Join Lynn Langit for an in-depth discussion in this video Introducing Hadoop, part of Hadoop Fundamentals.
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- What is Hadoop? It consists of two components, and oftentimes is deployed with other projects as well. What are those components? The first one is open-source data storage or HDFS which stands for Hadoop File System. The second one is a processing API which is called MapReduce. Most commonly in professional deployments Hadoop includes other projects or libraries, and these are many, many different libraries. I think there's over 25 now.
The ones I see most commonly and we'll be covering in detail in this course are HBase, Hive, and Pig. In addition to understanding the core components of Hadoop it's important to understand what are called Hadoop Distributions. Let's take a look at those. The first set of distributions are 100% open source, and you'll find those under the Apache Foundation. The core distribution is called Apache Hadoop and there are many, many different versions. I think we're up to 3.4 as the time of this recording and there are many minor versions.
The Hadoop version release cycle is quite aggressive. And as consideration when you're implementing Hadoop most enterprises stay one to two full versions behind the currently released version because they consider the open source software to be immature and not ready for use in a professional setting. Because of this there are several commercial distributions, and these are the ones that I work with with my customers most often. How they differentiate from the open source distribution is that they wrap around some version of the open source distribution and they will provide additional tooling and monitoring and management along with other libraries.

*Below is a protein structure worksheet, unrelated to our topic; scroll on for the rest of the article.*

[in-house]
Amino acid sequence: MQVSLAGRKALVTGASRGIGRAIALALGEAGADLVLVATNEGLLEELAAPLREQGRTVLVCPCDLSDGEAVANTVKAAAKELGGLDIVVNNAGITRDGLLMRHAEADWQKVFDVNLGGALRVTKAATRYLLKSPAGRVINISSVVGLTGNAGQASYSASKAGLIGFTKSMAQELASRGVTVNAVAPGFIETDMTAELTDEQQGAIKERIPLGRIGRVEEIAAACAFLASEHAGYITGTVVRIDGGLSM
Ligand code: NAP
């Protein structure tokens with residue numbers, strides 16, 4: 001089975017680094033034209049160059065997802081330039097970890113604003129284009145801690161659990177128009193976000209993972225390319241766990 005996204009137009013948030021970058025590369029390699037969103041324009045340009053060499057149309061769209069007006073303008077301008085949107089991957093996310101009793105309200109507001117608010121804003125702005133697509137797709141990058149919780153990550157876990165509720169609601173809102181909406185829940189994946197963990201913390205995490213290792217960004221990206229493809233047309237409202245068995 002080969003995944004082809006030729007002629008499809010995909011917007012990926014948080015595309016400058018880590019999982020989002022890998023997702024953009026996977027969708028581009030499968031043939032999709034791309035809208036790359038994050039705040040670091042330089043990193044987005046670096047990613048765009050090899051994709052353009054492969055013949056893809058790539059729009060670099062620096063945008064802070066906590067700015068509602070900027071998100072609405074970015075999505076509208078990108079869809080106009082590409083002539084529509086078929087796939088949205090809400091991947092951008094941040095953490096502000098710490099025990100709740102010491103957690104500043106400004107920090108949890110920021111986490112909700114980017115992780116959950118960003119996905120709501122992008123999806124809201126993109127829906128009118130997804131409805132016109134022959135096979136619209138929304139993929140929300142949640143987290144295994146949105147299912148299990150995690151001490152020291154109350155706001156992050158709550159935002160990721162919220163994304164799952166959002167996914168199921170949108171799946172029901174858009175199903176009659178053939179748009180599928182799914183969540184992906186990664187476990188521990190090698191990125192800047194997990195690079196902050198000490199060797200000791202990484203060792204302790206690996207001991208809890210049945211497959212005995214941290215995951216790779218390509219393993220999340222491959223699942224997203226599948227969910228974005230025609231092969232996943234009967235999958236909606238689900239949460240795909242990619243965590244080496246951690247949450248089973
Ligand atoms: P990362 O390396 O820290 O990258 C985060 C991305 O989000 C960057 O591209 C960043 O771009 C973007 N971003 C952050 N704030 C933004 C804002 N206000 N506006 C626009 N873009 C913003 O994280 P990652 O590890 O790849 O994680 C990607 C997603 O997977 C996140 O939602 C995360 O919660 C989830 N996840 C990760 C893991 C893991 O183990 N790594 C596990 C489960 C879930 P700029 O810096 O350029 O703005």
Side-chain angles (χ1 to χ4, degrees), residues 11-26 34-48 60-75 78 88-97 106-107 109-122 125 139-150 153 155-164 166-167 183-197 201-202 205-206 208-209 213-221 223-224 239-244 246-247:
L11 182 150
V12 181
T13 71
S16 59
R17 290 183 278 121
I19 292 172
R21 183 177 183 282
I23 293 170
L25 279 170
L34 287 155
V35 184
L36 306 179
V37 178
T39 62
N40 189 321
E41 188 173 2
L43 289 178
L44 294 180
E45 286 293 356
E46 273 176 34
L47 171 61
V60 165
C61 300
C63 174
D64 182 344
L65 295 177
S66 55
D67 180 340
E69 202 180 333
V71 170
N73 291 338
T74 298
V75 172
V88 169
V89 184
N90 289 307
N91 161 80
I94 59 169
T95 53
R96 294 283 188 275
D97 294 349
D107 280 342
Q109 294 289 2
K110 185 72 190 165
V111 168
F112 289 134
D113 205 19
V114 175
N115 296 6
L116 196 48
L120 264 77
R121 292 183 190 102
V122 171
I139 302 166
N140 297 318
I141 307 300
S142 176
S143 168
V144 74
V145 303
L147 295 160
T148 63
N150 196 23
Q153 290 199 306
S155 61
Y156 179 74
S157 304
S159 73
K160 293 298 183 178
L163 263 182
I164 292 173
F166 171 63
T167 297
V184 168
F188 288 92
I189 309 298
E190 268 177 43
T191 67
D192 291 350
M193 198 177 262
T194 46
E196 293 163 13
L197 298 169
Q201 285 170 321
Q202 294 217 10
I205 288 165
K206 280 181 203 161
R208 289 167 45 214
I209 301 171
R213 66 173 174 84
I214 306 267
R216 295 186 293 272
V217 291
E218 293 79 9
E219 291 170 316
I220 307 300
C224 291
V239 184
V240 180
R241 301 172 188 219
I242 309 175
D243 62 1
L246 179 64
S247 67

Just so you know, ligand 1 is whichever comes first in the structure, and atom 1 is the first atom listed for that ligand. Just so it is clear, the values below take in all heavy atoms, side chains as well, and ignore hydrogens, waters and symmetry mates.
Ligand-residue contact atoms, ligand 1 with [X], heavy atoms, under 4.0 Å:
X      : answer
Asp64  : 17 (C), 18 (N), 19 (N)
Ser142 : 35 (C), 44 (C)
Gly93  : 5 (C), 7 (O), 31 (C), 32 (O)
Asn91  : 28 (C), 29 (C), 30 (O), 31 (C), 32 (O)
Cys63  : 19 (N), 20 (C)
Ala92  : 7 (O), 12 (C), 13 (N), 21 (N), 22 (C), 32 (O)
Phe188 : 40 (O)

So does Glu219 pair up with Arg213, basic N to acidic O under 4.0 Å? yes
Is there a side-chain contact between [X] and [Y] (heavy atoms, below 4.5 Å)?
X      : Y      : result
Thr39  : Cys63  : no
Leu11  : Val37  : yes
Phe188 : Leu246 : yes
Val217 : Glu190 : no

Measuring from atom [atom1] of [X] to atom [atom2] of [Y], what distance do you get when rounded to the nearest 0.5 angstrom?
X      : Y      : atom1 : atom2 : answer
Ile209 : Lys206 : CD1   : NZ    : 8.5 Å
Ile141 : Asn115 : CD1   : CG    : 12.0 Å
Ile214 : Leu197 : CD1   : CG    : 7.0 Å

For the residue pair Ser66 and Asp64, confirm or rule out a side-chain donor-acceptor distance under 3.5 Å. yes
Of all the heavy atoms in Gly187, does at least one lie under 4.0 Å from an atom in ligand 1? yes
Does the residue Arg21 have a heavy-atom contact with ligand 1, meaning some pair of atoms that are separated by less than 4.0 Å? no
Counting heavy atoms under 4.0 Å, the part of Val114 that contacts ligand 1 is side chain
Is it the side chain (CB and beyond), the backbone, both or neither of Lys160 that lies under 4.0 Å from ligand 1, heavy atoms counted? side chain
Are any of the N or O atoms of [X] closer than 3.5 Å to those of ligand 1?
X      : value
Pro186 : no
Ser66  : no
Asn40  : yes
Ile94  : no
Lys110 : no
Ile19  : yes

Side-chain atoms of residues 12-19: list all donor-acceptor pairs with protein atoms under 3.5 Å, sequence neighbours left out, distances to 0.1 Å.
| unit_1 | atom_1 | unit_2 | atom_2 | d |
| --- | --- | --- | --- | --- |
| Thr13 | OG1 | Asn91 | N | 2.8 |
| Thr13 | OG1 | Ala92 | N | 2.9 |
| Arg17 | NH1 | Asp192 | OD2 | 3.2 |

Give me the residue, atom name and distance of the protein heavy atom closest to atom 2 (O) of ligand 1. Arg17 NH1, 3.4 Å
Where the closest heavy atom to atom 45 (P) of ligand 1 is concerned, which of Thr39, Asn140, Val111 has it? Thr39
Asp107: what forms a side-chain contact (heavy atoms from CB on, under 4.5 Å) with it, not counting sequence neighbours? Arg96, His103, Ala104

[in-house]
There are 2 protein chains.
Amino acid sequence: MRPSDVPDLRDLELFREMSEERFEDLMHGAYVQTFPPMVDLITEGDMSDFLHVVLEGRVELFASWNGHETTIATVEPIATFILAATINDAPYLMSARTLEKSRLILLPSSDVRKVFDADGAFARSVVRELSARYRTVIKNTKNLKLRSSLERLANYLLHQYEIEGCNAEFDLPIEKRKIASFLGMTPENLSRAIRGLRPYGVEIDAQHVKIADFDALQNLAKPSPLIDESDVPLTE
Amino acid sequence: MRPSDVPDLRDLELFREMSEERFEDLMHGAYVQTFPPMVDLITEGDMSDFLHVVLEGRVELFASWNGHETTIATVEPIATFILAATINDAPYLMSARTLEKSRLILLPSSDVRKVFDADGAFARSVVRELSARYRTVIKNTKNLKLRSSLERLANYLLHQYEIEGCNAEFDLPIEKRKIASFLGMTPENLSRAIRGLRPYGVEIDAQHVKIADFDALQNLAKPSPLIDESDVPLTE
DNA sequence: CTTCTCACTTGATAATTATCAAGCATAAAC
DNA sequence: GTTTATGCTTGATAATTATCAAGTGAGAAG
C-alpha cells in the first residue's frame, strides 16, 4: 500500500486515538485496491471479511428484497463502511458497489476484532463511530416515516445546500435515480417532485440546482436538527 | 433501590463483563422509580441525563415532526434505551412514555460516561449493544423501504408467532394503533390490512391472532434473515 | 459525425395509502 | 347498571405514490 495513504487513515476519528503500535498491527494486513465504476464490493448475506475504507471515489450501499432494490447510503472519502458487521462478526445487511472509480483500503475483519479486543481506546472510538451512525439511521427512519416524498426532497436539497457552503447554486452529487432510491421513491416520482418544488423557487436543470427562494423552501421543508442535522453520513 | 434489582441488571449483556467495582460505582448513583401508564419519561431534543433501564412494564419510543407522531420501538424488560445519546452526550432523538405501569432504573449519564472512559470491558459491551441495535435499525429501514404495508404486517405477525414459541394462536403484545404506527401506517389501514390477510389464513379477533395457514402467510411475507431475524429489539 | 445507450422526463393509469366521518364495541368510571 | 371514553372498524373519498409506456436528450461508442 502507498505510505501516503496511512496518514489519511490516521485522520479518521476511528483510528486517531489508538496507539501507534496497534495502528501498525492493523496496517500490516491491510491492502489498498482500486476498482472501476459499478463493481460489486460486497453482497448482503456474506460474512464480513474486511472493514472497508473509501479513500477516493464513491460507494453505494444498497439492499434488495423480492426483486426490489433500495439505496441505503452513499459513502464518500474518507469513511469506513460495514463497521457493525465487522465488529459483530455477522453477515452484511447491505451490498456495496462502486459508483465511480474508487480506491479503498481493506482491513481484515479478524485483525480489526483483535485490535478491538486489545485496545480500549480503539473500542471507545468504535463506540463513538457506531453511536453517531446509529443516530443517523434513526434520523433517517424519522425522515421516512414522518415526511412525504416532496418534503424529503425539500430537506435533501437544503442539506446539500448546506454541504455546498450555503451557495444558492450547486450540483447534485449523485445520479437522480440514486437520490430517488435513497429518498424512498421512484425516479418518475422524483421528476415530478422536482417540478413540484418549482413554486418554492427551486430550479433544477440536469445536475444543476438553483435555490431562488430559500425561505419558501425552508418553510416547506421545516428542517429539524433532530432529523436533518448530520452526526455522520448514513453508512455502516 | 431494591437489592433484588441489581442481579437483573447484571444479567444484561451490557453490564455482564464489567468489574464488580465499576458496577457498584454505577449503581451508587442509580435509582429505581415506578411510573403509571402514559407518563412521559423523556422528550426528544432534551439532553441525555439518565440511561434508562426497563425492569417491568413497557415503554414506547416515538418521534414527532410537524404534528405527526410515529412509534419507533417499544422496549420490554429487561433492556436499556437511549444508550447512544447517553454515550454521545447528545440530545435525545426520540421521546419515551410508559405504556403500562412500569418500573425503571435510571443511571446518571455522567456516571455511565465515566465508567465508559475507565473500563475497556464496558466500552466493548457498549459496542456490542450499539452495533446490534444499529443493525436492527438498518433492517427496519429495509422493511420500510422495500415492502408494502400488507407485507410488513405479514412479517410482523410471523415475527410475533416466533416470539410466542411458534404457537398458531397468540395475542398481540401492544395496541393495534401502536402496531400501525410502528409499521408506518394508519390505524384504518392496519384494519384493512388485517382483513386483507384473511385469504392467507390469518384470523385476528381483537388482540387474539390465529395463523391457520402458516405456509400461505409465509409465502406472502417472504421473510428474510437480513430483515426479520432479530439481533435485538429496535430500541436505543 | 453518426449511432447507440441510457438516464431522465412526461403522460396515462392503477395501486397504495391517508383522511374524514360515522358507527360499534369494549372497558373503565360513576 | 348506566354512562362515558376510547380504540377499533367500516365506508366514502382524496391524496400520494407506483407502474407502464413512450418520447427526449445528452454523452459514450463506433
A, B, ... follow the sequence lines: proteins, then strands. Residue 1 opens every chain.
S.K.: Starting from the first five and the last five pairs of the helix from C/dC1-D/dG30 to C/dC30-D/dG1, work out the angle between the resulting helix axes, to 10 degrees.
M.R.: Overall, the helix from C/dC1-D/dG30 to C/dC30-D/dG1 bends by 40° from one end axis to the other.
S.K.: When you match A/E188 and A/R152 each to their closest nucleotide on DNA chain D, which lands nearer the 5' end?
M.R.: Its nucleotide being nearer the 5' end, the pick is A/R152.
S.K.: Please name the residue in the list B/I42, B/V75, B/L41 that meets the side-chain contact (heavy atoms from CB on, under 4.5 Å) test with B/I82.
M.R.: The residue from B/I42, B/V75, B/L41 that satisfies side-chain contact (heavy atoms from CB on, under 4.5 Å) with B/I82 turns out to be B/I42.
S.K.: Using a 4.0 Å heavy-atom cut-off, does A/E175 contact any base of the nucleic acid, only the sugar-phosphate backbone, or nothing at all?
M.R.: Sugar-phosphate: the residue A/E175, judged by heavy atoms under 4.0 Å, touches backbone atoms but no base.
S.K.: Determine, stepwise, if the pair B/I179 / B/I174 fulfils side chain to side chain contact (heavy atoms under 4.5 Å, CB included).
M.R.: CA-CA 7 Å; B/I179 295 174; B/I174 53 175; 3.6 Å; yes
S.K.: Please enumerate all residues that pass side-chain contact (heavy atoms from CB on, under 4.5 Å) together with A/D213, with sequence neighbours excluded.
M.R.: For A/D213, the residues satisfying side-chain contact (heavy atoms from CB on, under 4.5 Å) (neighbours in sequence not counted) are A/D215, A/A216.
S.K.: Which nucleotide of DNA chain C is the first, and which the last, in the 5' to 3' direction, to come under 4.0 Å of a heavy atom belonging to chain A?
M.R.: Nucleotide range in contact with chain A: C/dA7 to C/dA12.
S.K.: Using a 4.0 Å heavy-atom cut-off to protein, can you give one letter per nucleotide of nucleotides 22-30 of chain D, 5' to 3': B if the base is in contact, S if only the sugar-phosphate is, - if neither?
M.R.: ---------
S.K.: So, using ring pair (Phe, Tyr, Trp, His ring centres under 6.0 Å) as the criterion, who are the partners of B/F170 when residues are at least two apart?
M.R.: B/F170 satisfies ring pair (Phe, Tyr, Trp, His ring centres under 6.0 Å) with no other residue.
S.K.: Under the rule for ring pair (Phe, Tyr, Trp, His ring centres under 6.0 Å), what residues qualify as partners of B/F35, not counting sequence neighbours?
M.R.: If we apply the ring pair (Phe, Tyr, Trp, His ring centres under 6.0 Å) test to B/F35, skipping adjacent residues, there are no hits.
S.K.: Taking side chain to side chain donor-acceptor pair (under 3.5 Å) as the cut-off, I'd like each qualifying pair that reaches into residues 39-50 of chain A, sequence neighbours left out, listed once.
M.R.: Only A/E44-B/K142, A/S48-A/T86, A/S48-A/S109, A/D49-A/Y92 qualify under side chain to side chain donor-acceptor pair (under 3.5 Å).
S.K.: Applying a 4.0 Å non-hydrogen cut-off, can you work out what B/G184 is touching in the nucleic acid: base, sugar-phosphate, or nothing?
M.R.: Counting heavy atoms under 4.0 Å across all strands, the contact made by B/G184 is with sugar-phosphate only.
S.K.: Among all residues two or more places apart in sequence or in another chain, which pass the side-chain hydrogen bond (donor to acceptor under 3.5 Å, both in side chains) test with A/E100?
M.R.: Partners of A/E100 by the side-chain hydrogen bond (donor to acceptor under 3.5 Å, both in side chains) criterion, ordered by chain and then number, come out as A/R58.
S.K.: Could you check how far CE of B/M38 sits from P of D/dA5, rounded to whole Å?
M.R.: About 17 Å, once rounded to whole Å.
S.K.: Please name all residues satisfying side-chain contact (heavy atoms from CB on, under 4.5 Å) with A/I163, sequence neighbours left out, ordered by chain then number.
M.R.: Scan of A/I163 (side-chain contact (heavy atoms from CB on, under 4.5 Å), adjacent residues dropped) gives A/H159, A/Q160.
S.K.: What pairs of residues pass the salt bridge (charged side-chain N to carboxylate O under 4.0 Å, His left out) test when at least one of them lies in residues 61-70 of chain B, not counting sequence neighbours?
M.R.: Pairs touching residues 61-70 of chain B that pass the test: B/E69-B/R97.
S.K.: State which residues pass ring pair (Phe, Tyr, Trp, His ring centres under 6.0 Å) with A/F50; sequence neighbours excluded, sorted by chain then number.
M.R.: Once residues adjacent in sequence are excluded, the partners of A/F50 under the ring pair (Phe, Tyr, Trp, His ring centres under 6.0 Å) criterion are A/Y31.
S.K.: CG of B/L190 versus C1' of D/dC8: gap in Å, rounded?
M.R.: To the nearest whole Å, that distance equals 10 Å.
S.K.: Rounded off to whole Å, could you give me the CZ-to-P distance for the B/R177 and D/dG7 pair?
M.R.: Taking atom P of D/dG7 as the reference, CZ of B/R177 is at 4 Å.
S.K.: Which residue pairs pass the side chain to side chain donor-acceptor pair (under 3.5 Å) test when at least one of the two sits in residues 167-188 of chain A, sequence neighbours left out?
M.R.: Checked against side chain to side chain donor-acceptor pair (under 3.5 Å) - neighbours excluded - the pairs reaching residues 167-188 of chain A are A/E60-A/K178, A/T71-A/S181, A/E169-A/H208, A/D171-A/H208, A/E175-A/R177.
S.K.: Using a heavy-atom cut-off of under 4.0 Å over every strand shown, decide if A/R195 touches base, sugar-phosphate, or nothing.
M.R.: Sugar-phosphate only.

The most popular of these are from the companies Cloudera, Hortonworks, and MapR. We'll be taking a look at all three of these most popular commercial distributions in this course. In addition to that, it's quite common for businesses to use Hadoop clusters on the cloud. The cloud distributions that I use most often are from Amazon Web Services or from Microsoft with the Windows Azure HDInsight. Here's where it gets a little bit confusing so let me clarify.
When you're using a cloud distribution you can use an Amazon Distribution which implements the open source version of Hadoop, so Apache Hadoop on AWS with a particular version, or you can use a commercial version that's implemented on the AWS cloud such as MapR on AWS. Not all commercial versions are available on all clouds. That's a consideration when you're selecting a cloud-based Hadoop distribution.
We'll also be taking a look at the Windows Azure HDInsight distribution as it's gaining in popularity particularly with Microsoft customers. As a reminder there are several factors that cause businesses to use Hadoop, and I like to say it quickly this way, Cheaper, Faster, Better. Again, it's very important to consider the appropriate kinds of Big Data problems. As I mentioned in a previous movie, those that are related to behavioral data rather than transactional or line of business data are most commonly a better fit.
But if you have those kind of data situations or problems the Hadoop ecosystem can be tremendously cheaper as it runs on commodity hardware and scales to pedabyte size or more. And because it uses the MapReduce processing algorithm which we're going to be looking at in quite some detail in this course which allows for parallel data processing. Even though the processing is implemented in batch it's implemented on each of the nodes which can result in much faster overall processing of large amounts of data.
In considering Hadoop business problems I wanna give you some examples. These are various types of business situations for which Hadoop could be a good solution in terms of the database. First one is risk modeling. If you think about it in terms of insurance companies or financial companies when they're determining whether they're gonna give you a loan, their business is making the best decision about where to allocate their resources. The more data that they can have both transactional and behavioral, the better results they can have.
Many clients in these industries are already working in the Hadoop ecosystem because they're storing massive amounts of data. Another one is credit card activity. If you've ever had that call from the credit card company where they're warning you about a purchasing pattern that seems to be out of normal range and asking you to validate it because it could be fraudulent they're most probably using some big data solution, and oftentimes it could be Hadoop. Another one is customer churn analysis. It costs a lot more to gain a new customer rather than to keep a current one, so it's in the best interest of many companies to collect as much information as possible both transactional when the customer actually left.